It is hard not to notice the Big Four Bridge while you are at this bridge. The massive railroad bridge and this delicate highway through truss make for a very nice contrast between beautiful historic bridges of totally different types.
The Gearhart Road Bridge is an abandoned structure, an ugly modern replacement bridge having been built a bit south of the bridge. This bridge does not appear to be at risk of demolition at this time, but it is not being maintained, and is in need of a restoration, perhaps for pedestrian traffic.
The two through truss main spans make up the majority of the bridge. They lack original railings, with modern Armco guardrails added. They feature v-lacing on the vertical members and sway bracing. The portal bracing is an a-frame design. The entire bridge sits on concrete abutments and piers. The through truss spans have a wooden deck, again with an asphalt wearing surface. The bridge also has a pony truss approach span placed at the east end of the bridge. The deck of the pony span is concrete with an asphalt wearing surface. This span was placed here in 1964 presumably as a replacement for a previous truss span. The plaque on this bridge credits the Champion Bridge Company of Wilmington, Ohio with building the bridge in 1964. However, this span has a lot of riveted, built-up beams with v-lacing. The Champion Bridge Company was an unusual company that did indeed continue to build truss bridges into the 1960s, however they did not look like this span and instead had rolled beams for members. The Wesler Road Bridge is a good example that dates to 1964. It therefore seems possible that Champion Bridge Company acquired this truss span from some other place and erected it here in 1964. Based on style, the pony truss span looks like a bridge from the 1920s or 1930s.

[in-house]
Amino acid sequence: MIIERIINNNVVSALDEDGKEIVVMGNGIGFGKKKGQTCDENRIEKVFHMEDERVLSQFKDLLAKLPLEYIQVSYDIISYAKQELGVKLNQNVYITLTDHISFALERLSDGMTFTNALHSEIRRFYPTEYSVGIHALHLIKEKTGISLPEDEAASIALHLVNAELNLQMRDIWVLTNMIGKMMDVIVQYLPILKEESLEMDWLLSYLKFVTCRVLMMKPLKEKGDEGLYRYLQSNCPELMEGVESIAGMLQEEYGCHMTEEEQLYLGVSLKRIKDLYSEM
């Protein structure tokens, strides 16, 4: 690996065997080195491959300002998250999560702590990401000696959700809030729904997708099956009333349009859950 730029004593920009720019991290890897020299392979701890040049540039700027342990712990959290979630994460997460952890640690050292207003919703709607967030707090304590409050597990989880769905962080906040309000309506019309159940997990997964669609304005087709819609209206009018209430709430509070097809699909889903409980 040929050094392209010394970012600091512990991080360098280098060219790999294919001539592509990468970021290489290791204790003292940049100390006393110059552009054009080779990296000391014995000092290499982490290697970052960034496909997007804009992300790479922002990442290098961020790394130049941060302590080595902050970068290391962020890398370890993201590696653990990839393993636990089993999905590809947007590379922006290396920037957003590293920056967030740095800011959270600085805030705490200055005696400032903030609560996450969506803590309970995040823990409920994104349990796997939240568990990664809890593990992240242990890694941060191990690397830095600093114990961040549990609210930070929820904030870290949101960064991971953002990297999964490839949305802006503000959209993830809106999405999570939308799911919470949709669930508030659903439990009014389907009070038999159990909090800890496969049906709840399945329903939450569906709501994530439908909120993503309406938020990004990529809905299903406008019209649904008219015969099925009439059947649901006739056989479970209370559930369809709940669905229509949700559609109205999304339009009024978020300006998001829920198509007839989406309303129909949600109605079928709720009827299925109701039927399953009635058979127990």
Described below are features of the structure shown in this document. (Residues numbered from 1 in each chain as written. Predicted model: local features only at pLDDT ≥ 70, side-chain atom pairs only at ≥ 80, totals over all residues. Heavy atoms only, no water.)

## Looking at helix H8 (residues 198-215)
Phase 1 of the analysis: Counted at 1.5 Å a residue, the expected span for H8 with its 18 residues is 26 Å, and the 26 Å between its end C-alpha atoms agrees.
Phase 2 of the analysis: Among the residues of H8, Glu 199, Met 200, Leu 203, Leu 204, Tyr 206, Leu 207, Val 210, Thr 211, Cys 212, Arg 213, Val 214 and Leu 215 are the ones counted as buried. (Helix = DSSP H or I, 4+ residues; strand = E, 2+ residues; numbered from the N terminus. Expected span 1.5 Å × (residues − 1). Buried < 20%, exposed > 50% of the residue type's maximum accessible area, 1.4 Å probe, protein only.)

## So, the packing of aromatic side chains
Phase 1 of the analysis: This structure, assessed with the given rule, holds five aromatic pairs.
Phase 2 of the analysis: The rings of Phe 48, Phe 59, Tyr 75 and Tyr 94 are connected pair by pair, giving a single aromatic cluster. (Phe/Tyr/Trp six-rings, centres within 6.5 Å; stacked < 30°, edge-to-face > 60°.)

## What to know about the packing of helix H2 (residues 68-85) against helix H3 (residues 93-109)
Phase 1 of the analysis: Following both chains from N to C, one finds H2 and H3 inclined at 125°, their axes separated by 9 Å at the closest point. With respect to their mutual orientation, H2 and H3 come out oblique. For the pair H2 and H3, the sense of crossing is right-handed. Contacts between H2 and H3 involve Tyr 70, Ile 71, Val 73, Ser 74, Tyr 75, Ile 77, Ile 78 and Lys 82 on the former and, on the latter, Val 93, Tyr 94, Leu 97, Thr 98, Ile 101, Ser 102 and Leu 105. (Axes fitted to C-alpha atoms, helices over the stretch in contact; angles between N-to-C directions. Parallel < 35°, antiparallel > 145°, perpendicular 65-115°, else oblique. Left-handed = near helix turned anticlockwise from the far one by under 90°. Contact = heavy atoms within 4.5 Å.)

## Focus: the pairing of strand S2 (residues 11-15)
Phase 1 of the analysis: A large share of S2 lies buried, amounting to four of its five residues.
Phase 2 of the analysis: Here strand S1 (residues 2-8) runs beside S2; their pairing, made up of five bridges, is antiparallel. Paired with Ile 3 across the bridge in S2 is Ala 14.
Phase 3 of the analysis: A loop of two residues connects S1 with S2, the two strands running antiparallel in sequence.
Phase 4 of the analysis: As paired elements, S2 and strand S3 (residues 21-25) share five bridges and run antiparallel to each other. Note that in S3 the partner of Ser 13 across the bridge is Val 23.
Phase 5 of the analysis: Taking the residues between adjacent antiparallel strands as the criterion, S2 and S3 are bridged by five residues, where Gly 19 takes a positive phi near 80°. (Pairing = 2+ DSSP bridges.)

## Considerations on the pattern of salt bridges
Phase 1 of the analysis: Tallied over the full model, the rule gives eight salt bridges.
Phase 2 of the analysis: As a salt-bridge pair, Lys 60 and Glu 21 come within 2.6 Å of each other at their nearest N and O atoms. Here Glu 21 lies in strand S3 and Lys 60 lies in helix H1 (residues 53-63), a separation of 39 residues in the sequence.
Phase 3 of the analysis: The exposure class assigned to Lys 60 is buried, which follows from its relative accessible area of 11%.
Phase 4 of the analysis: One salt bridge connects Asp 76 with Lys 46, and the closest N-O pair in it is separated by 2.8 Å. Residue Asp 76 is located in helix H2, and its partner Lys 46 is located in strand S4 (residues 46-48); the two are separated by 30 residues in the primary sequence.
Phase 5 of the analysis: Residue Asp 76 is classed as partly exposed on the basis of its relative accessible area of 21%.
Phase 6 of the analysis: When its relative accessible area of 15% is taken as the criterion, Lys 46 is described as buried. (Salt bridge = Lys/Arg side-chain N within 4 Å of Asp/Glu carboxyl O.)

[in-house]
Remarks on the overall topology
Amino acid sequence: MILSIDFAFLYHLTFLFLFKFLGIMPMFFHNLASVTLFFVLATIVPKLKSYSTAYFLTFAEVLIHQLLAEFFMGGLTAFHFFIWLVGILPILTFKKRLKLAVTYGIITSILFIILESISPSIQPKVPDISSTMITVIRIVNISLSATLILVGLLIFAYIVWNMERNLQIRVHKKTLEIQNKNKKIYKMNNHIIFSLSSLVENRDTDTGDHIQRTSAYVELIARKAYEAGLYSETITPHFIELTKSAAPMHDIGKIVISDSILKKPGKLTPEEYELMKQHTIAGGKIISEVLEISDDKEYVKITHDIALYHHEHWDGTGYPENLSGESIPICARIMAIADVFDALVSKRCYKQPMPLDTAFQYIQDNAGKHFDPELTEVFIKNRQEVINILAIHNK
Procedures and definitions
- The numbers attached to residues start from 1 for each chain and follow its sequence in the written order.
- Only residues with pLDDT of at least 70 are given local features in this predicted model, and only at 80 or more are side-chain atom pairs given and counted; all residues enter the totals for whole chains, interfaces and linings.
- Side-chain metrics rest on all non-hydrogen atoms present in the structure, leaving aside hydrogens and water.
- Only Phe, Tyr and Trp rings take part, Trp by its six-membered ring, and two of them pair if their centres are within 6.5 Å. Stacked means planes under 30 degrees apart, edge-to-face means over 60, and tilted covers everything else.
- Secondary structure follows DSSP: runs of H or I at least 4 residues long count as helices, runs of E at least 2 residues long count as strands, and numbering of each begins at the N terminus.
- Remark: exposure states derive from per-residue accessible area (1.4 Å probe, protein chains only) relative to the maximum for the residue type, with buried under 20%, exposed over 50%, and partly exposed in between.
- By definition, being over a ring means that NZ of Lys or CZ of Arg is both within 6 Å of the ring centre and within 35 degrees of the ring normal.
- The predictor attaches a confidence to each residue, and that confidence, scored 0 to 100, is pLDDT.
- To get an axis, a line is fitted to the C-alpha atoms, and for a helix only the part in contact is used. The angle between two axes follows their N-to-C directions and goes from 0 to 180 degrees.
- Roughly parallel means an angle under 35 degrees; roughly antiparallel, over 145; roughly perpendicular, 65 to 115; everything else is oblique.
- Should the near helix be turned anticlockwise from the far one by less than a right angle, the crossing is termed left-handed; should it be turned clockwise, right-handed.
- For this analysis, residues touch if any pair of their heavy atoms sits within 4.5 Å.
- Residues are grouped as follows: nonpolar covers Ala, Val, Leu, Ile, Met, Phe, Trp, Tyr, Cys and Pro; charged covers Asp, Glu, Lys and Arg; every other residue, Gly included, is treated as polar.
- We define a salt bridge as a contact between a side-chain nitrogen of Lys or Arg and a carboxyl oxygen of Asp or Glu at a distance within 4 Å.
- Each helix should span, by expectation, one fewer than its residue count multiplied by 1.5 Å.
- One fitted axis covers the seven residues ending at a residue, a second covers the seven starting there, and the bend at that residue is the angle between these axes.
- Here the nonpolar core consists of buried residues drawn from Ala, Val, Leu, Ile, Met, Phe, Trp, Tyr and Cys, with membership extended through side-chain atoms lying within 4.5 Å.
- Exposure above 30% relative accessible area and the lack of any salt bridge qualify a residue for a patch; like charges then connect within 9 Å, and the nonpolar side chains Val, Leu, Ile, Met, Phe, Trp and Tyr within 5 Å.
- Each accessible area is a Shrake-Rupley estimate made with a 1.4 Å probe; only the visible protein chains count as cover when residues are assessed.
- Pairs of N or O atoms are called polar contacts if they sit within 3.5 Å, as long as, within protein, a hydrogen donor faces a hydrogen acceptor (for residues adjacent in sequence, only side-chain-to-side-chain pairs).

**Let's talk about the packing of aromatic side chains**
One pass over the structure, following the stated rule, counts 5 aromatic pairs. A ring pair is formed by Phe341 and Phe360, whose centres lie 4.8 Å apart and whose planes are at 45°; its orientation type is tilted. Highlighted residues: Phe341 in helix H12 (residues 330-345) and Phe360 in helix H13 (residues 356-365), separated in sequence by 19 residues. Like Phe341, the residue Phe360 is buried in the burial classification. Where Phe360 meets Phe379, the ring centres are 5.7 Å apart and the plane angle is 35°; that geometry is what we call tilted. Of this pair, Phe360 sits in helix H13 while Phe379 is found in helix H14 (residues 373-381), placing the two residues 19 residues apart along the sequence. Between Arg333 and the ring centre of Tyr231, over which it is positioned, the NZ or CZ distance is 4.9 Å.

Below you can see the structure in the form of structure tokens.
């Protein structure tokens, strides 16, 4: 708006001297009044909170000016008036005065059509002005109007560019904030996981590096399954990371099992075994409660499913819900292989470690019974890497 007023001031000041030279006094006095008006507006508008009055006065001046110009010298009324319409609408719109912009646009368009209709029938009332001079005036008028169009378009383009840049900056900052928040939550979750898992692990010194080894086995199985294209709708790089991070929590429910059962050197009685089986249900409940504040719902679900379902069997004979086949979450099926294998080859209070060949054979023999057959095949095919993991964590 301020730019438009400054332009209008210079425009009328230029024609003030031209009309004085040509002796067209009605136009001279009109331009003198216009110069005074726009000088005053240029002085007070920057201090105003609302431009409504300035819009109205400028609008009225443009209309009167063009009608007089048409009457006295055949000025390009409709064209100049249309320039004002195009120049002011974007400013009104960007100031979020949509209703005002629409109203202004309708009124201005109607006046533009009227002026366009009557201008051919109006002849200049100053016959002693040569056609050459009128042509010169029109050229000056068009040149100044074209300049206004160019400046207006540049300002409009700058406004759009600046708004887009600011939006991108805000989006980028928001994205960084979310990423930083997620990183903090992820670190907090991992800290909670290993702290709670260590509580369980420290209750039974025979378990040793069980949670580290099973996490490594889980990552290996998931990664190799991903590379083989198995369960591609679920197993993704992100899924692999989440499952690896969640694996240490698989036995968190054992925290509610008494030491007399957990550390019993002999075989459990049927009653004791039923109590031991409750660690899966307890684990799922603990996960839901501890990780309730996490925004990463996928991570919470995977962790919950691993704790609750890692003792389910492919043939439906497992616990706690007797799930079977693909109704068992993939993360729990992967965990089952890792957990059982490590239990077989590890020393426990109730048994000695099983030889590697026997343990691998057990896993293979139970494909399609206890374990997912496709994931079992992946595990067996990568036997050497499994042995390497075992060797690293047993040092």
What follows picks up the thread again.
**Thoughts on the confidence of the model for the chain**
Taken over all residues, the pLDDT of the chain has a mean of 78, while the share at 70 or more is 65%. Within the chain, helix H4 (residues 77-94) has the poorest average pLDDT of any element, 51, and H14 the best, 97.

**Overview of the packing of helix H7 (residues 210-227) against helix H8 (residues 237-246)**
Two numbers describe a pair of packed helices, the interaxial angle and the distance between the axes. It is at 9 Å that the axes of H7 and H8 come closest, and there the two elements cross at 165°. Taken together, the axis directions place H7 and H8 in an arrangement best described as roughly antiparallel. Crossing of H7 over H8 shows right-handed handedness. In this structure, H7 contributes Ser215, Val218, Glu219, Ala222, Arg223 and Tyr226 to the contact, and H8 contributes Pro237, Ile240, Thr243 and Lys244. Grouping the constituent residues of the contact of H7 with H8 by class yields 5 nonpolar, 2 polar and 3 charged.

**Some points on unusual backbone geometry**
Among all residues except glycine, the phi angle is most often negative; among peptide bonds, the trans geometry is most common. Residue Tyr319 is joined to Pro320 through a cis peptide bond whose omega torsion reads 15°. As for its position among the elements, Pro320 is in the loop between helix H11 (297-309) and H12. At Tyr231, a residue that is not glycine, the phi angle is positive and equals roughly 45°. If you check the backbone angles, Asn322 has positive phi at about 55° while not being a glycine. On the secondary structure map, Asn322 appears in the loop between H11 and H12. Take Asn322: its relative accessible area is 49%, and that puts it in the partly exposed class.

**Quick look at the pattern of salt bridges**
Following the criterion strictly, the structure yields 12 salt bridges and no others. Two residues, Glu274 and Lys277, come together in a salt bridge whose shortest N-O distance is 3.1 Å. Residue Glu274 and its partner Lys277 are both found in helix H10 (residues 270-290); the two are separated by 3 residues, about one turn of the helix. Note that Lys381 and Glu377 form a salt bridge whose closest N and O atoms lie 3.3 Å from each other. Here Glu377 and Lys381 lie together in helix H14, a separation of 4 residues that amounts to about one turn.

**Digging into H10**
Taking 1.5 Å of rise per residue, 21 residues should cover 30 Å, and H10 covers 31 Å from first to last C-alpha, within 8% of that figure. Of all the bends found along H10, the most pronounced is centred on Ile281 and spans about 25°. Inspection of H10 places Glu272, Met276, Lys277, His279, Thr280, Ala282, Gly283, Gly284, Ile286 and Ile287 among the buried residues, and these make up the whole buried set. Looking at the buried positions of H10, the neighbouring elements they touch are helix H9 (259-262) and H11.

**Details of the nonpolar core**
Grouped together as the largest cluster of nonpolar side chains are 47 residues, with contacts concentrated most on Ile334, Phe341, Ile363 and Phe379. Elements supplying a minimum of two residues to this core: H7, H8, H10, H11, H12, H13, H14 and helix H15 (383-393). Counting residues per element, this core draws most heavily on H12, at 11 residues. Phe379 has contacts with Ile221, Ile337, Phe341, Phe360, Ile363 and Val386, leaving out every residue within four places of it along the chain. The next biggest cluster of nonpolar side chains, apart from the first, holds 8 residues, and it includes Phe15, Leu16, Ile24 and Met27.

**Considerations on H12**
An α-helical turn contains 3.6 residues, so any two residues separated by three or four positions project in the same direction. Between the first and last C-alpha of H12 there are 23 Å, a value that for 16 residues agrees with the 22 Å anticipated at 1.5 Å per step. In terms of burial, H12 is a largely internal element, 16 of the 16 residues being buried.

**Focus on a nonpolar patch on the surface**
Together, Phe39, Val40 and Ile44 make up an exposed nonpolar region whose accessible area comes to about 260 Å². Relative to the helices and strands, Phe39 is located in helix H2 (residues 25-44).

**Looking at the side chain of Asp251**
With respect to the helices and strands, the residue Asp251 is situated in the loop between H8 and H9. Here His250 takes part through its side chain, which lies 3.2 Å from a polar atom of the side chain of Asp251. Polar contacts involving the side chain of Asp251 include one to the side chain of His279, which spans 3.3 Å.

Information and Findings From Ohio's Historic Bridge Inventory
The bridge is closed to traffic. It is located in a park setting near Sydney and is adjacent to the Big Four Arch open spandrel arch bridge.
The 3 span, 345'-long bridge consists of two pin-connected Pratt thru truss spans and one rivet-connected Warren with verticals pony truss span. It is supported on concrete abutments and piers.
Replacement span, 1964. Replacement deck and railings, 1973?. Loss of fabric from deterioration.
Summary of Significance
The pin-connected 1906 Pratt thru truss is a later example of its type/design, and the bridge has alterations including a 1964 replacement span.
Bridge Considered Historic By Survey: No
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